Like the "Arnot-Roberts" of Valtellina.

Key Facts

  • Started in 2004 by Valtellina friends Pierpaolo Di Franco and Davide Fasolini after enology school
  • Working on a shoestring, founders galvanized support through infectious passion
  • Gained vineyard rights by pledging to maintain 1000-year old terraces ("dirupi")
  • Built cellar in the basement of a 16th c church on the mountainside
  • Quick ascent to Valtellina stardom; now acquiring estate vineyards
  • Vineyards in Sondrio, Montagna, Poggiridenti, Grumello and Inferno
  • Organic certification with the 2015 vintage
  • Grapes vinified in batches based on their growing altitude
  • Vinification in stainless with native yeasts
  • Aging for 18+ mo; French oak 225 liter barrels and 20 hectoliter vats
  • Tre Bicchieri in 2015, 2018, 2019
  • Press in NYT and Robert Parker

The Story

By dint of talent and zeal, Dirupi is the rising new star of Valtellina, developing a cult following for their top-echelon Nebbiolo.

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The idea for Dirupi was born when childhood friends, Pierpaolo Di Franco and Davide Fasolini reunited in enology school. Growing up literally in the vineyards, in a village where harvest was a community event, was enough to ignite a passion in both for farming and winemaking. Since neither had inherited land or a winery, they knew they were going to have to work extra hard to get their production off the ground. Armed with the same vision, the two teamed up and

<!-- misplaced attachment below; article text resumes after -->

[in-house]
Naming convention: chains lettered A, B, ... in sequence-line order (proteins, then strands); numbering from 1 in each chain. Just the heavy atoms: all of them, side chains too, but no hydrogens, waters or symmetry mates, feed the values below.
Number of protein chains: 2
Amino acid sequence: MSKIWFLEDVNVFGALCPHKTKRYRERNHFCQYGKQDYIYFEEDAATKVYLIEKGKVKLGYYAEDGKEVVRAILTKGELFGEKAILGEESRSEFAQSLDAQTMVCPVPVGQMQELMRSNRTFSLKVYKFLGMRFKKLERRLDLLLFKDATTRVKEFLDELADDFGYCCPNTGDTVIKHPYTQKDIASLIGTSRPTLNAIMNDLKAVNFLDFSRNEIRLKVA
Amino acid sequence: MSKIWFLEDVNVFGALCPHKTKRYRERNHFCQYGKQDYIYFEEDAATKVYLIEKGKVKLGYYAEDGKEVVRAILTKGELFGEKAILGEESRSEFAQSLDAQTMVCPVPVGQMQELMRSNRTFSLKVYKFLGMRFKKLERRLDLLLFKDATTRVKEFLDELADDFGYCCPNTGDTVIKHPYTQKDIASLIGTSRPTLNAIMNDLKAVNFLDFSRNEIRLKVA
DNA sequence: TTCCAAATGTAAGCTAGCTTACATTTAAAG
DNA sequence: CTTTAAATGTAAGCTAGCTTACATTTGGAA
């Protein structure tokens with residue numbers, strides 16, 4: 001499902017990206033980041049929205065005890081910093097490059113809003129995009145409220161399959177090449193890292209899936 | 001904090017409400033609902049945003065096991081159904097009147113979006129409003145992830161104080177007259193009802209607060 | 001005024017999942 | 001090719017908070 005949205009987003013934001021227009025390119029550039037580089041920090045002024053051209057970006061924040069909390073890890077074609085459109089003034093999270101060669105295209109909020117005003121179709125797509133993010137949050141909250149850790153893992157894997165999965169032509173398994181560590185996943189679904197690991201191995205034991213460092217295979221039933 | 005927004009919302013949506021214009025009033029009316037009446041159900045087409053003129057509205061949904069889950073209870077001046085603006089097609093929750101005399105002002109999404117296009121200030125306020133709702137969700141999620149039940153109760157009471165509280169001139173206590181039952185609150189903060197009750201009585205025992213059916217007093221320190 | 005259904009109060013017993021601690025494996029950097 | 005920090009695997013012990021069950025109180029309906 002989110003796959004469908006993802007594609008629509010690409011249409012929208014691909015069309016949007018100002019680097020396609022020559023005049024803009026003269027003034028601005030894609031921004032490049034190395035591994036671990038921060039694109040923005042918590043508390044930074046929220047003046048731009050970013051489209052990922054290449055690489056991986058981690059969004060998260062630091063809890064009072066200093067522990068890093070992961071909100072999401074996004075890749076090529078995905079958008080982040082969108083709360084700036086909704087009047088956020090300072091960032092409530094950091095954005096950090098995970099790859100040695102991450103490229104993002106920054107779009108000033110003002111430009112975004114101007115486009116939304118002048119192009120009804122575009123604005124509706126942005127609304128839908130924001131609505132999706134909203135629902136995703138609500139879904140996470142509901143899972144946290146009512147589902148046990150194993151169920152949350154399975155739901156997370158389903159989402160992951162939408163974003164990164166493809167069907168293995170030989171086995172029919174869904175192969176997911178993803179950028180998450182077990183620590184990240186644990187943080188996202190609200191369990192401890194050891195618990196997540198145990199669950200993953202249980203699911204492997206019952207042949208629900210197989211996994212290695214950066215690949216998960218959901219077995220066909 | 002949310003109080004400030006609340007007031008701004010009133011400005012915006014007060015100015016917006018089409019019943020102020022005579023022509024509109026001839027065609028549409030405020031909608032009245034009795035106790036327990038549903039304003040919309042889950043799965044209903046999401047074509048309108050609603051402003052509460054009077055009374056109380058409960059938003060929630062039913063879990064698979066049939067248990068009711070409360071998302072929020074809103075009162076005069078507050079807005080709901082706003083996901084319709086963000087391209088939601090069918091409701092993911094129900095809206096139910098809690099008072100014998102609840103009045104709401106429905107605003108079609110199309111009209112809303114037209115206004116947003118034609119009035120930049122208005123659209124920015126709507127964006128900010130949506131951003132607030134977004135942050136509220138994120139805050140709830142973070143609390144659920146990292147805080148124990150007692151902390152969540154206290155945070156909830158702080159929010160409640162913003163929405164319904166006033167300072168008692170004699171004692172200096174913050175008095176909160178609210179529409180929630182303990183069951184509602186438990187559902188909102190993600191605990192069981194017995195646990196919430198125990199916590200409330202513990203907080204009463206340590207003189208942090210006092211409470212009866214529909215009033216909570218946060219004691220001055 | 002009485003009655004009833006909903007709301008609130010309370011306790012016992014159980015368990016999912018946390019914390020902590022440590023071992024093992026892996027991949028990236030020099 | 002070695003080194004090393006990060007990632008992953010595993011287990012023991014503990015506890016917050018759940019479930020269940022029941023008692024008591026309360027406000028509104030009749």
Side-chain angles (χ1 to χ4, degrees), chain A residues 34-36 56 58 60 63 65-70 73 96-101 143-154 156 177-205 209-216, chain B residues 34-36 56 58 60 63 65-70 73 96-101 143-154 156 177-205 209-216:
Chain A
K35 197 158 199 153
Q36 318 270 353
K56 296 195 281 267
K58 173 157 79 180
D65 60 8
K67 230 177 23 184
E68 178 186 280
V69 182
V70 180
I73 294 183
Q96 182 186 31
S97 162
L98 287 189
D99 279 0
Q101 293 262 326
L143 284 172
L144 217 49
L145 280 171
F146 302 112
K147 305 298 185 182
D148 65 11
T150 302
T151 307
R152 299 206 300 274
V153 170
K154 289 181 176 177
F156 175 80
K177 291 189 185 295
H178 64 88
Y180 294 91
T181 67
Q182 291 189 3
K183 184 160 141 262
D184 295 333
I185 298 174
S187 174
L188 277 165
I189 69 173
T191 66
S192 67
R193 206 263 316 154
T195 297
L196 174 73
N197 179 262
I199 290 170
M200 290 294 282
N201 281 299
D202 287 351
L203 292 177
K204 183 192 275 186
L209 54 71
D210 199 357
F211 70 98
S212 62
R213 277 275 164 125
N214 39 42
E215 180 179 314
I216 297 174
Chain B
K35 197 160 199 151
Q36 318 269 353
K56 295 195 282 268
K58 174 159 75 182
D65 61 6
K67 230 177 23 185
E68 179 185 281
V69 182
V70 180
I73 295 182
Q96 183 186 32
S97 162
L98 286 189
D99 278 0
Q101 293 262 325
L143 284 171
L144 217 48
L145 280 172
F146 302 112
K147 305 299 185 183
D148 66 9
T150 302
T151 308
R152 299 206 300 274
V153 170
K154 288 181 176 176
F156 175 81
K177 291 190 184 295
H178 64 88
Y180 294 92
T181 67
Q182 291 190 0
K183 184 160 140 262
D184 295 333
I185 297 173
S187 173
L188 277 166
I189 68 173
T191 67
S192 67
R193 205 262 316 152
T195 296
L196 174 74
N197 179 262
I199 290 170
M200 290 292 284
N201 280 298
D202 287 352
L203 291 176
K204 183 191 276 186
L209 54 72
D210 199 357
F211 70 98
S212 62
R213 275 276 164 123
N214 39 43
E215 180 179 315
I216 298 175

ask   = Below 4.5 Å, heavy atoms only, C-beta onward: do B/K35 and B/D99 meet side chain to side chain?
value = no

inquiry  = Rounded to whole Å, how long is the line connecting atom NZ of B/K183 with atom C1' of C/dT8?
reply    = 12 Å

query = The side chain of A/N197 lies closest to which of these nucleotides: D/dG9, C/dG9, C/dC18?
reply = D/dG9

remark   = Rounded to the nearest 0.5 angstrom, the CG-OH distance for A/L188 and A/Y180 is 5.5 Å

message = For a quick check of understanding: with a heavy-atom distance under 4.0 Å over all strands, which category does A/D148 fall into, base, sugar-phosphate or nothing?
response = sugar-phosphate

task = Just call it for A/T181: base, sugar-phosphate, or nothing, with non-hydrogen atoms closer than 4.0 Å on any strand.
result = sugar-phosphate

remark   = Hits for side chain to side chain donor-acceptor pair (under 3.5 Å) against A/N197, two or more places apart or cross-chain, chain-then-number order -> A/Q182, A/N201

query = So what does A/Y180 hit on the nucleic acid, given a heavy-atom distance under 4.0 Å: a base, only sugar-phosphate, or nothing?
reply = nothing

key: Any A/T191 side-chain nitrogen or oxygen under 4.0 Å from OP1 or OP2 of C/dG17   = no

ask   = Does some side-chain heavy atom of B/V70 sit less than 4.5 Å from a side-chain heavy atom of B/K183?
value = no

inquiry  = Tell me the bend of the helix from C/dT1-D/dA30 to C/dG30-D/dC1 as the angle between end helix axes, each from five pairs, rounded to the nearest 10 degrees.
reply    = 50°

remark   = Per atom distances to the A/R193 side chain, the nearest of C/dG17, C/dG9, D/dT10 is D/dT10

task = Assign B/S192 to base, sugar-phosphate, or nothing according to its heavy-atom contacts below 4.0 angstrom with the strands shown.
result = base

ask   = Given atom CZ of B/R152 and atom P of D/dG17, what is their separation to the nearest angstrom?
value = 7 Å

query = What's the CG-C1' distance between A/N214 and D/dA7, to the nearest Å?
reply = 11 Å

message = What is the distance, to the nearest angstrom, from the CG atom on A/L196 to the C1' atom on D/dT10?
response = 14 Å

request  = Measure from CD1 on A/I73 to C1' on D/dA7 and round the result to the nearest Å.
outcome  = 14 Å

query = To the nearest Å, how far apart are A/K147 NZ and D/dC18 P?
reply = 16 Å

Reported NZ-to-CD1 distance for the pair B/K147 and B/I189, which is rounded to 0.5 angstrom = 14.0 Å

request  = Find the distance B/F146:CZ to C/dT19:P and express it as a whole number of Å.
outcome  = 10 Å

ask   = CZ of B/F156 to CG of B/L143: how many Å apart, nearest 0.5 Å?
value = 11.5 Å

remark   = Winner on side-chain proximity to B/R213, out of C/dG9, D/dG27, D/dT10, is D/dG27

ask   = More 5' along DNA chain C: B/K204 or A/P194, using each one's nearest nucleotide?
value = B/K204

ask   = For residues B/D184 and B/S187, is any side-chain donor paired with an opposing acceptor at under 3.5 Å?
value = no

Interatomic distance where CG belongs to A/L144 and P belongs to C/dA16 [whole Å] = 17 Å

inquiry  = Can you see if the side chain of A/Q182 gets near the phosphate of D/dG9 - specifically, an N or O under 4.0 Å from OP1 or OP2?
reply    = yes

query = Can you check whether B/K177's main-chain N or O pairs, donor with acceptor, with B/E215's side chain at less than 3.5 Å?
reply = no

mentored under famous Barolo producer, Domenico Clerico. They learned optimal vine orientation and pruning schemes for Nebbiolo, acquired high quality barrels and then returned home to convince local farmers to rent land to them.

Under the expectation that they would maintain the ancient terrace walled vineyards, stone by stone, keeping intact what was established over a thousand years ago, farmers began to acquiesce small plots to Pierpaolo and Davide. A practice that fell in line with

their original goal, abiding by these standards came naturally to them. In fact they even named their winery, Dirupi, which means “rough precipice” or “rugged cliff wall,” in honor of this unique landscape particular to their region.

It didn’t take long for the guys to garner a good deal of local attention and finagle a spot to make their wine. The empty cellar of an historic sixteenth century church, perched in the mountainside below their vineyards, became the new home of their winery. They decided it was perfect, despite having to disassemble and then rebuild again their giant cask since it wouldn’t fit through the old doorways.

Typical of the region, all of the Dirupi sites vary in exposure and altitude, but the terraces are predominantly sandy, rocky, uneven and infertile. Plots are harvested as individual lots with altitude determining which will be vinified together.

Today with over ten vintages now to their name, and 15 separate, meticulously farmed, terraced vineyard sites in the valley, some ofwhich they now own outright, Dirupi has come into its own and theword is getting out. Recommended twice by the New York Times, rated very well by Robert Parker and with to Tre Bicchieris in a row, Dirupi is full-speed ahead, collecting new fans.